In 1992, persecution of the Tutsi in Bugesera carried many of the hallmarks later associated with the genocide in 1994. Interahamwe militias (associated with the MRND political party) and Impuzamugambi militias (associated with the CDR political party) attacked Bugesera, killing many Tutsis and causing others to seek shelter in Nyamata Church. At the time, an Italian nun named Antoinette Locatelli, who was serving as the headmistress of the Section Familiale, tried to inform the international community that the Tutsis of Bugesera were being massacred. The former bishop of the Kigali Catholic Archdiocese, Vincent Nsengiyumva, tried to silence her, saying that if she continued she would be murdered. Despite these threats, however, Locatelli continued to denounce the killings in Bugesera, and she was subsequently shot dead by a military officer.

The periodic killing of Tutsis became a looming threat of the Habyarimana regime, which he would invoke each time there was a RPF Inkotanyi attack. In 1993, an international inquiry accused President Habyarimana of using the civil war as a justification to massacre the Tutsi population in Kibilira, Bigogwe, Mutara, Bugesera and other regions.

Genocide 6th April 1994 – 19th July 1994

Following the assassination of President Habyarimana on 6th April 1994, the genocide commenced in Bugesera almost immediately. On 7th April, extremists started burning down Tutsis houses in Nyamata, but as there were many Tutsis in this area they tried to defend themselves. By 11th April many Tutsi had left their homes and gathered within the grounds of Nyamata Primary School. Women and children had taken refuge in the church, while others were at the Centre d'Enseignement Rural et Artisanal Integré (CERAI).

Killings began at CERAI on the morning of 11th April using similar tactics to those implemented in other parts of Rwanda. They first surrounded the area where the Tutsis had gathered, threw grenades into crowds and then fired at them with available guns. They then sprayed capsicum over the dead bodies to check if anyone was still alive and killed those that were with machetes.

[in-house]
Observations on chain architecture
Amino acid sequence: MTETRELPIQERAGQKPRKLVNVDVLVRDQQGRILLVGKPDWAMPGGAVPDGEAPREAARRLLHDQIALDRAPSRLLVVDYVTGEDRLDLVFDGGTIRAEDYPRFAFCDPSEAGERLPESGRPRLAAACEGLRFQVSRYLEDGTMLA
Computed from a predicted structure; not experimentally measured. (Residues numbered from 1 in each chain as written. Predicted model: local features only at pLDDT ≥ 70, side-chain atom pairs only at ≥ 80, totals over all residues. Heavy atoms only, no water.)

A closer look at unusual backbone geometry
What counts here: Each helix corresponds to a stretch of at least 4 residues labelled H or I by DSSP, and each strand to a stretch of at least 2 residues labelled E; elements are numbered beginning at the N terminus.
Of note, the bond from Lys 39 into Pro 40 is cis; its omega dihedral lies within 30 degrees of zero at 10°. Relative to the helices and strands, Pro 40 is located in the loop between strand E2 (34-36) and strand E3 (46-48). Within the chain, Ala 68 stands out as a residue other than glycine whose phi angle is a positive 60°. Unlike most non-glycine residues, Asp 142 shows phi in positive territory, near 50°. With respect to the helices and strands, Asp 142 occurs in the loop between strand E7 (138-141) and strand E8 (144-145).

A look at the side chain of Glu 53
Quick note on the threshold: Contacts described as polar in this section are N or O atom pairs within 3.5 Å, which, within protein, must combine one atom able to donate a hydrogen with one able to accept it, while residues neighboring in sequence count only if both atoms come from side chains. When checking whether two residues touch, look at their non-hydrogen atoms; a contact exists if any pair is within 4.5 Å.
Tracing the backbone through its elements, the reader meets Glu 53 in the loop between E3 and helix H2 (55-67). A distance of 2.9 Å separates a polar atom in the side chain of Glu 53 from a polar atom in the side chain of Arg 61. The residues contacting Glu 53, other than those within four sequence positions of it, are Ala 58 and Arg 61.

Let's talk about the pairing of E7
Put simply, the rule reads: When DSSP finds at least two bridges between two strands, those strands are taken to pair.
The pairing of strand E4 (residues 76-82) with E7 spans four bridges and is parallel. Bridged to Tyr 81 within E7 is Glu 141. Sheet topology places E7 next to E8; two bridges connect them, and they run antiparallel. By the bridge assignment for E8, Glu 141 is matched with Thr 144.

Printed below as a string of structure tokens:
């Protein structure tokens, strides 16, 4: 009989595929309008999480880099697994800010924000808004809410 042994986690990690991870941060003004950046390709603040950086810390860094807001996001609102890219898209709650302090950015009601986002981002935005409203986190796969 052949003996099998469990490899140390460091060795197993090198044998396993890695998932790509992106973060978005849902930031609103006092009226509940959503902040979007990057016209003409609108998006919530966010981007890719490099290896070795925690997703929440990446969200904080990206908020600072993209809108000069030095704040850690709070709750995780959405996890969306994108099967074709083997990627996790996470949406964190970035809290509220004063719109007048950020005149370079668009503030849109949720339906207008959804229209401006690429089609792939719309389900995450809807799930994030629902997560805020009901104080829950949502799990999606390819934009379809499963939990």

Claire Nkima, a survivor of the CERAI killings says that she lay amongst the dead bodies until Tutsi refugees that had been hiding in nearby classrooms came that evening and retrieved her. The survivors of the attack made plans to escape to Gitarama or Burundi, but most did not escape because the killers had established roadblocks to finish their work.

Between the 14th and 16th April, approximately 5,000 Tutsis were killed inside Nyamata Church. Of the few that escaped from the church, they took refuge in nearby bushes and papyrus fields, but later many were found and killed by militia search parties until the RPF Inkotanyi finally liberated Bugesera.

Nyamata Genocide Memorial

After the genocide, following negotiations with leaders of the Catholic Church in Rwanda, the government converted the Nyamata Church into a memorial site. The memorial is composed of a chapel in which victims’ clothes are displayed, along with the weapons used to kill them. Beneath the chapel there is a room displaying the remains of those killed in the church. Mass graves are situated behind the church, with a vault that houses the skulls of victims and other human remains. In addition, the memorial site includes the grave of Antoinette Locatelli, with a placard explaining her life and work in Rwanda, and her eventual murder on the 9th March 1992. President Paul Kagame posthumously bestowed upon Locatelli a medal of honor on the 4th July 2010, during the ceremonies of the 15th anniversary of Liberation Day.

Details

  • Title: Nyamata Genocide Memorial - Church
  • Creator: Government of Rwanda
  • Location Created: Nyamata, Bugesera, East, Rwanda
  • Type: Genocide Memorial sites
  • Rights: Rwanda Cultural Heritage Academy